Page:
According to a new survey released, sentiments among Hong Kong SMEs are increasingly optimistic as the trade tension between US and China has appeared to have eased. The survey involved 813 Hong Kong based SMEs.

Confidence among business owners for the second quarter rose 5.6 points to 46 on a quarter on quarter basis in the Standard Chartered Hong Kong SME Leading Business Index. That followed declines in confidence in the past two quarters.

The Hong Kong Productivity Council and Standard Chartered compiles the index quarterly. Sentiments are considered optimistic when the index is above 50. The index has only been above 50 once since the survey began in 2015.

“What we are seeing is a very broad-based rebound in SME confidence after a battered first quarter – probably a normalisation after being materially weighed down by prior deterioration in the US-China trade dispute”, said senior economist for Greater China at Standard Chartered, Kelvin Lau. “We believe the latest readings are more in line with the fundamental picture, where a combination of better trade negotiation news headlines, a more dovish Fed in the US and generous policy stimulus in China should help create a floor to broad sentiment”.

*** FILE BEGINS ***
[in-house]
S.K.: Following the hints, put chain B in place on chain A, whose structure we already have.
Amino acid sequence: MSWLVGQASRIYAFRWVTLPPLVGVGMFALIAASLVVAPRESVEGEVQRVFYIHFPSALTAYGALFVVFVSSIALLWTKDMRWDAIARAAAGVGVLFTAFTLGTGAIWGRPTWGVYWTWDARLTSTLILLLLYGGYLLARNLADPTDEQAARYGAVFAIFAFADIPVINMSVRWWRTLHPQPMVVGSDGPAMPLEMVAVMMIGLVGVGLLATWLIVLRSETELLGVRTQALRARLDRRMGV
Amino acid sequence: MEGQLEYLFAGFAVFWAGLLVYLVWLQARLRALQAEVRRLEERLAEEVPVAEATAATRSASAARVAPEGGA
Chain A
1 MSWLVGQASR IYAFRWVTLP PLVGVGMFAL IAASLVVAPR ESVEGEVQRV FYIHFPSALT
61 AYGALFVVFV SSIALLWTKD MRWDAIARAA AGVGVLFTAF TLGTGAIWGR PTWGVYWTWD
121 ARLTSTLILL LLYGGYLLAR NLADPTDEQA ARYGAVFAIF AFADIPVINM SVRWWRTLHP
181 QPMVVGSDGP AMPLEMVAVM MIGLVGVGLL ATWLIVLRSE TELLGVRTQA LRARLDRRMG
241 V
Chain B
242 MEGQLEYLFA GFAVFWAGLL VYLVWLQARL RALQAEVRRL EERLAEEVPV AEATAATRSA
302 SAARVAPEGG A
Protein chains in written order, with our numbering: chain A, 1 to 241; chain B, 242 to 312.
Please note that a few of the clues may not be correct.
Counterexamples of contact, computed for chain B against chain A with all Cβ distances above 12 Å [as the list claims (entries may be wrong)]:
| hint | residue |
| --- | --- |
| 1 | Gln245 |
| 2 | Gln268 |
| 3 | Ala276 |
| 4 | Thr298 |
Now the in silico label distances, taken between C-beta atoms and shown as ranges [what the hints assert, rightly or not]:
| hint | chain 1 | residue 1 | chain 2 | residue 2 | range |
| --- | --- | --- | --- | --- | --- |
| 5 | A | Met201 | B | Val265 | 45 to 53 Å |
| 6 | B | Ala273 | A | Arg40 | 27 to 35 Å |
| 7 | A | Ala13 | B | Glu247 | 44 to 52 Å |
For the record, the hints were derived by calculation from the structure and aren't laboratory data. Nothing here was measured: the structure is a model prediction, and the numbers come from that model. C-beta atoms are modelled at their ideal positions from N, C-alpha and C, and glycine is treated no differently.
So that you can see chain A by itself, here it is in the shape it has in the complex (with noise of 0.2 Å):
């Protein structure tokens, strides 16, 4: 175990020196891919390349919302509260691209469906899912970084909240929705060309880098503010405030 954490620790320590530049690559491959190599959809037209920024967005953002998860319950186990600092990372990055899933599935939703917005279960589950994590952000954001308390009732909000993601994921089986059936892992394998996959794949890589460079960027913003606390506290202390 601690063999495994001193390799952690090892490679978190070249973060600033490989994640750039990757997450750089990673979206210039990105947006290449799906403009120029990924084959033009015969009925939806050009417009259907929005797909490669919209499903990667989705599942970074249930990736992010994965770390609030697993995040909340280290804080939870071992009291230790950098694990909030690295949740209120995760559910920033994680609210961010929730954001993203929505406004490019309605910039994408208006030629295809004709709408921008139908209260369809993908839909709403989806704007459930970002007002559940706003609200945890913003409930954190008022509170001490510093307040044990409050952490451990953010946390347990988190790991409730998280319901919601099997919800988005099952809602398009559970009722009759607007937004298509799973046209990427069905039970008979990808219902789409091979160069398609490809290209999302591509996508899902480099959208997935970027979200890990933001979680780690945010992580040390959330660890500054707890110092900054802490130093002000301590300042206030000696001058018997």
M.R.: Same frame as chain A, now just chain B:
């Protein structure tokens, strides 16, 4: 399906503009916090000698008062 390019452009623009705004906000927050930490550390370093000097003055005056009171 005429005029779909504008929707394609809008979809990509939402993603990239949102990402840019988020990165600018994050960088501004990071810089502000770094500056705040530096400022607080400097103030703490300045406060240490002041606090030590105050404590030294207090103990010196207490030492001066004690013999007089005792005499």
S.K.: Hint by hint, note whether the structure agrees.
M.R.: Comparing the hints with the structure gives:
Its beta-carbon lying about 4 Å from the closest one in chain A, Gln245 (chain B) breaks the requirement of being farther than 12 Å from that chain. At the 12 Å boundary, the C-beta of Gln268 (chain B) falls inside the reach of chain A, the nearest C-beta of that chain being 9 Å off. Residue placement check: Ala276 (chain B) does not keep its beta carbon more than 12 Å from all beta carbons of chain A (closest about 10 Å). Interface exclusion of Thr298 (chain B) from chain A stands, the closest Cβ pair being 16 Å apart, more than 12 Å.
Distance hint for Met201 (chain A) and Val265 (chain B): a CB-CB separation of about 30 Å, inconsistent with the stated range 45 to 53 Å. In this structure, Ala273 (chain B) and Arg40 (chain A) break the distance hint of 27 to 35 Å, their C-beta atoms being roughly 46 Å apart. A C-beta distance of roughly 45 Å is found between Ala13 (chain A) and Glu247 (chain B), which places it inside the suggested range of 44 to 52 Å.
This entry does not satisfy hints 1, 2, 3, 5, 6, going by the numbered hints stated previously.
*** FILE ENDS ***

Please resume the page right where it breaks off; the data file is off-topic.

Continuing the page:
The improved confidence comes as Washington and Beijing have said they are moving closer to resolving a trade war that has been waged between the two major powers since early last year.

The trade tensions have weighed on Hong Kong’s economy, which grew at its slowest quarterly pace in two years in the fourth quarter. GDP grew at 1.3 per cent in the quarter. According to the most recent data available from the Hong Kong government, this is the lowest level of GDP growth since the first quarter 2016.

Overall, confidence is returning to Hong Kong, particularly with regards to staffing, sales and profit margins. Of the 831 SMEs surveyed, 45 per cent said they believed the Greater Bay Area initiative would strengthen the city’s international status.